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ORIGINAL ARTICLE
Year : 2020  |  Volume : 9  |  Issue : 7  |  Page : 3464-3469  

Post cholecystectomy common bile duct dilatation and associated symptomatology


1 Assistant Professor, Department of General Surgery, Dr. Yashwant Singh Parmar Govt. Medical College & Hospital, Nahan, Himachal Pradesh, India
2 Assistant Professor, Department of Radiodiagnosis & Imaging, Dr. Yashwant Singh Parmar Govt. Medical College & Hospital, Nahan, Himachal Pradesh, India
3 Professor & Head, Department of Anaesthesiology, Dr. Yashwant Singh Parmar Govt. Medical College & Hospital, Nahan, Himachal Pradesh, India
4 Senior Resident, Department of General Surgery, Dr. Yashwant Singh Parmar Govt. Medical College & Hospital, Nahan, Himachal Pradesh, India

Date of Submission24-Apr-2020
Date of Decision26-Apr-2020
Date of Acceptance20-May-2020
Date of Web Publication30-Jul-2020

Correspondence Address:
Dr. Shailendra Kaushik
Senior Resident, Department of General Surgery, Dr. Yashwant Singh Parmar Govt. Medical College & Hospital, Nahan, Himachal Pradesh
India
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Source of Support: None, Conflict of Interest: None


DOI: 10.4103/jfmpc.jfmpc_694_20

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  Abstract 


Background: Relationship between postcholecystectomy bile duct dilatation and associated symptomatology is a potential dilemma for treating surgeon for which various studies with variable results have been documented. Materials and Methods: This study is a 1 year prospective study conducted at IGMC, Shimla after taking proper consent and ethical approval from institutional ethical committee. Total 50 cases of symptomatic cholelithiasis belonging to either sex admitted in surgical wards of IGMC, Shimla for elective surgery were selected for present study. Cholecystectomy was done in all cases after doing all investigations. Results: Postoperatively within 48 h symptoms were observed in 29 patients. Out of these, flatulence was present in 1, nausea and vomiting in 7 and 8, respectively. Combined flatulence vomiting in 5 and flatulence-reflux-nausea in 1 patient. After 1 month of interval, all patients were symptom free. Conclusion: Symptoms which were present in the postoperative patients were unrelated to dilatation of common bile duct. Either these symptoms were the persistent symptoms present before the operation or related to anaesthetic drugs.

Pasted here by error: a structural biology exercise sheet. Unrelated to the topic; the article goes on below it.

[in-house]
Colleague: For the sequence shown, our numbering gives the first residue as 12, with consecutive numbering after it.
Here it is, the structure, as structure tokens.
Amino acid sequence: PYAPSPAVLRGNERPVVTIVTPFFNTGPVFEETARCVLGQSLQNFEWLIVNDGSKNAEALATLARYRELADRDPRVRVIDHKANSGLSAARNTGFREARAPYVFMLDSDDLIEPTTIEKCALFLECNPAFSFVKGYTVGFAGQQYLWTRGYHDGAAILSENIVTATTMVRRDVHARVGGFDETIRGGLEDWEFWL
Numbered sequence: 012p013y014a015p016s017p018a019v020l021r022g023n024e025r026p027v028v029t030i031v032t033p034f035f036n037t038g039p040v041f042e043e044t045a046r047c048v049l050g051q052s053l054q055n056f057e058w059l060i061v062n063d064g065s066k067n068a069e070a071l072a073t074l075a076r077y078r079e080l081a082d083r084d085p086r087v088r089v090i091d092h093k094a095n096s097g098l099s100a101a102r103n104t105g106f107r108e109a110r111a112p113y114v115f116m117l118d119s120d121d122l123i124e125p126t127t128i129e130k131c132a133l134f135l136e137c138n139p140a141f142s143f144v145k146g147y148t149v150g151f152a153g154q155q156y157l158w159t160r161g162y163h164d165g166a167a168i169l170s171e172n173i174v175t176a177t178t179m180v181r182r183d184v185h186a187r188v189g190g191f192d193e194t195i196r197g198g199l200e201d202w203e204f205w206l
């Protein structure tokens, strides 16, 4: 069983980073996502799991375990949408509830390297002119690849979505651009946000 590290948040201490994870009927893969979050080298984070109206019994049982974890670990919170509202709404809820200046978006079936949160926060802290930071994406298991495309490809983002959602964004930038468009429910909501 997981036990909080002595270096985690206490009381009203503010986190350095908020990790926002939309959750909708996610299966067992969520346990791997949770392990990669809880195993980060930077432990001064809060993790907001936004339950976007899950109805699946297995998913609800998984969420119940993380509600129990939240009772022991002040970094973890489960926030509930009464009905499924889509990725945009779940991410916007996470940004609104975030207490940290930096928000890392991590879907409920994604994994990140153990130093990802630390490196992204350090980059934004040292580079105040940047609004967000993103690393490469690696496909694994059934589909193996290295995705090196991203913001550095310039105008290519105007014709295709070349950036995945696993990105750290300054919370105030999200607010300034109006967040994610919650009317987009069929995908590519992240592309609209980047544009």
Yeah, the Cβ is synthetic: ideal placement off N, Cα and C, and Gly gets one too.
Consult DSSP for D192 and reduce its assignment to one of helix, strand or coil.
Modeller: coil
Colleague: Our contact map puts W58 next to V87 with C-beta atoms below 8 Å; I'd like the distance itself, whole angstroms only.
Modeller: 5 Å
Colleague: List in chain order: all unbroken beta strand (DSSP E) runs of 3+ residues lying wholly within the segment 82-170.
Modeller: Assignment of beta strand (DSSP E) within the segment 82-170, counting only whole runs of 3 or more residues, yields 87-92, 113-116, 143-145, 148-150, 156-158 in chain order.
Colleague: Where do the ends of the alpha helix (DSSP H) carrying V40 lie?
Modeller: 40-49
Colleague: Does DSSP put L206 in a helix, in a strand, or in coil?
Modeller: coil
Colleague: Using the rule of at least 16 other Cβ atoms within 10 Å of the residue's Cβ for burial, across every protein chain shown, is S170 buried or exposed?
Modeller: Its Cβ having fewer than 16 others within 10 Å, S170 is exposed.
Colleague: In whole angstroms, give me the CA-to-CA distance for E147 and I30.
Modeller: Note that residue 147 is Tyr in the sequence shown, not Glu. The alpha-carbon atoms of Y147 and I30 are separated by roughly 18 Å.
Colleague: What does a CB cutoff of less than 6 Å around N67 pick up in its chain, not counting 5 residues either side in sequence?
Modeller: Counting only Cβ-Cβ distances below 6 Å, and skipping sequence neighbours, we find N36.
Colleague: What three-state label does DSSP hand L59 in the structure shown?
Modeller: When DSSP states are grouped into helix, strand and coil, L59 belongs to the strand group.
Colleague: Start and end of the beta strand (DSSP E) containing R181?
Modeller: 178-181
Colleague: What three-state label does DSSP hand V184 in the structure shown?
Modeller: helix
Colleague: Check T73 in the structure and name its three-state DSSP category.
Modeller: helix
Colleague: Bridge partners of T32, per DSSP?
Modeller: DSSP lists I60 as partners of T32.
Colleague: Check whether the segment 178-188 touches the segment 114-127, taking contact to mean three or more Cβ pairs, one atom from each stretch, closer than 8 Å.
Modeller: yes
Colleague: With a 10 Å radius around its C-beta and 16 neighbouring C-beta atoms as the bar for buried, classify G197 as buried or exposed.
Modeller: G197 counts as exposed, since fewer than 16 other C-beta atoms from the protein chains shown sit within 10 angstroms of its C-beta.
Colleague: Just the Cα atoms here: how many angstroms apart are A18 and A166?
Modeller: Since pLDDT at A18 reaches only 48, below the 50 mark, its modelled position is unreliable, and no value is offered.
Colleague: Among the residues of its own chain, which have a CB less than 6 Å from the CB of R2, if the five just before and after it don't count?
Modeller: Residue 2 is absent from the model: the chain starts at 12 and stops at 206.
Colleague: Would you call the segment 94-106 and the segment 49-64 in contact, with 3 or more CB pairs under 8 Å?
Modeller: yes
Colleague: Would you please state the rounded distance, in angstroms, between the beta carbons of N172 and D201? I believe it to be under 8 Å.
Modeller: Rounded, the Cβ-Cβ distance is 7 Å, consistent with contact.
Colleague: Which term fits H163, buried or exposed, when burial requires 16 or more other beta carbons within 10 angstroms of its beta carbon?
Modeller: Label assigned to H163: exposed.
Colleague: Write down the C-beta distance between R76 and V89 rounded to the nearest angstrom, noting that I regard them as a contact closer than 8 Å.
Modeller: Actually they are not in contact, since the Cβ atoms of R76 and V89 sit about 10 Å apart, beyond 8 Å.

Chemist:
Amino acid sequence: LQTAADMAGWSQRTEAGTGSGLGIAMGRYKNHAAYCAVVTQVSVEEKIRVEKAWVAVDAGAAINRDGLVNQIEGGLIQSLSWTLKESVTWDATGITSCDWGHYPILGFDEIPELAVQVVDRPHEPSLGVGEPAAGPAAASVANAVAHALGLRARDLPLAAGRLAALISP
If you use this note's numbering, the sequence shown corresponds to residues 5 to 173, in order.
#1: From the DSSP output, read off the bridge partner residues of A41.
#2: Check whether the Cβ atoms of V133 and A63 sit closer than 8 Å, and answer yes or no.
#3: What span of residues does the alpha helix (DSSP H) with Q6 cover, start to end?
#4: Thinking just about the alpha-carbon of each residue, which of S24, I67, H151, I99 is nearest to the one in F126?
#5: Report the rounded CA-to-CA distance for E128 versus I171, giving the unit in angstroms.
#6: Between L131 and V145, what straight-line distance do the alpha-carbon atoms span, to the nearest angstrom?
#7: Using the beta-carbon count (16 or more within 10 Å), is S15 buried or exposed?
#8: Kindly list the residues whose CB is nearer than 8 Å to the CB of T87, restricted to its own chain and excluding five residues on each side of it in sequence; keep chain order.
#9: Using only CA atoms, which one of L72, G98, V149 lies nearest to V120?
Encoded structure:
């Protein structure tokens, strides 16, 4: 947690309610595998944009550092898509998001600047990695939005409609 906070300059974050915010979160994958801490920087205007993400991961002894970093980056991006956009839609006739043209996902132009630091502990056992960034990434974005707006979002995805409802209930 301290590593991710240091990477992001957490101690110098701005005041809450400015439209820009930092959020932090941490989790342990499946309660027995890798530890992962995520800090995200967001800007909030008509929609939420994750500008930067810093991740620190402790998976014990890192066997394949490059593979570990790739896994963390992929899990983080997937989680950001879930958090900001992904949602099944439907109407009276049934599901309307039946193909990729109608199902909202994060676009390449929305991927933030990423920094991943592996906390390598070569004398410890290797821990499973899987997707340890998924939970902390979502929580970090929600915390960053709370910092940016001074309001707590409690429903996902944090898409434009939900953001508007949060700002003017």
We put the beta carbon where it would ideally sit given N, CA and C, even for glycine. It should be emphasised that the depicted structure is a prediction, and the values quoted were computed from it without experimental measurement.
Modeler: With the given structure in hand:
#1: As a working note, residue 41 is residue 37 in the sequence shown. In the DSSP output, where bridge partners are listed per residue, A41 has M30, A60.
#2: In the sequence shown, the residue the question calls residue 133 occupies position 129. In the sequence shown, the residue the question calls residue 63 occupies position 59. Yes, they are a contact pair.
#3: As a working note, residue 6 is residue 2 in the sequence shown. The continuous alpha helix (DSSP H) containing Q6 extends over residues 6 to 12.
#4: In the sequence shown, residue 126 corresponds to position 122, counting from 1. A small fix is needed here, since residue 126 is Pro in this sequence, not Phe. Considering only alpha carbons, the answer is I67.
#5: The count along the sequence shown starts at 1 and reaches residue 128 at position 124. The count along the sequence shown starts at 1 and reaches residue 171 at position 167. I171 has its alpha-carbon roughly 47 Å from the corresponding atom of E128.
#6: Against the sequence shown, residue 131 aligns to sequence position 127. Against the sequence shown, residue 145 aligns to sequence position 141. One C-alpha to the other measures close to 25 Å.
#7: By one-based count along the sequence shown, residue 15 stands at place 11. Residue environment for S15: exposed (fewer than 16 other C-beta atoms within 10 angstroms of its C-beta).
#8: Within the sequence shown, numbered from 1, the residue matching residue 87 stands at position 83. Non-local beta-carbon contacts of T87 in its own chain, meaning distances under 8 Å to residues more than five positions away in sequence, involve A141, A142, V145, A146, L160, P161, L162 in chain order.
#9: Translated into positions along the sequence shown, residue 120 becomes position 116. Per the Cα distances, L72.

Keywords: Bile duct, cholecystectomy, post-operative, symptoms


How to cite this article:
Sood R, Sharma D, Sharma G, Kaushik S. Post cholecystectomy common bile duct dilatation and associated symptomatology. J Family Med Prim Care 2020;9:3464-9

How to cite this URL:
Sood R, Sharma D, Sharma G, Kaushik S. Post cholecystectomy common bile duct dilatation and associated symptomatology. J Family Med Prim Care [serial online] 2020 [cited 2020 Aug 7];9:3464-9. Available from: http://www.jfmpc.com/text.asp?2020/9/7/3464/290842




  Introduction Top


Common bile duct dilatation in postcholecystectomy patients was first observed by Oddi in 1887.[1] This finding is frequently seen on USG done in the postoperative period. Many times the primary care physicians on finding the dilated common bile duct (CBD) on ultrasound (USG), in postcholecystectomy patients, consider it abnormal and prescribe the battery of tests to find out the cause of CBD dilation. To differentiate the physiological dilatation of CBD from postoperative injury in postcholecystectomy patients, costly and invasive procedures are required. It is necessary to determine the symptoms and biochemical changes associated with postcholecystectomy physiological dilatation of CBD, to reduce unwanted therapeutic and diagnostic procedures on CBD.

As most of the published studies related to this subject were based on the western population, it is assumed that these results may be different in the eastern population, who frequently show anomalous union of pancreaticobiliary duct (AUPBD) and a high incidence of bile duct stones.[2] We have conducted this study in the East on the population of Himalayan region of India. The present prospective study was undertaken to evaluate the symptomatology and biochemical changes associated with USG proved postcholecystectomy dilatation of CBD at 48 h and 1 month intervals following cholecystectomy.


  Materials and Methods Top


After getting permission from institutional ethical committee, the present study was conducted on 50 patients of either sex, with age between 20 to 75 years, diagnosed with symptomatic and USG proved cases of cholelithiasis. These patients were chosen randomly for open cholecystectomy and preoperative complete hemogram, biochemical investigations including fasting blood sugar, renal function tests, liver function tests, serum electrolytes and USG were done in order to rule out any associated liver or extra-hepatic biliary disorder. Preoperative USG was done between 15 and 1 day before surgery to know the status of gallbladder, liver, extra-hepatic tree, pancreas, kidney and other abdominal organs, and also to know the CBD diameter. All USG examinations were done on the same ultrasound machine in the Department of Radiology of our institution. Liver function tests and USG examination were repeated at 48 h and after 1 month of interval following cholecystectomy, to find out any relation between derangements of liver function test with postoperative CBD status. Prior informed and written consent of all the patients was taken.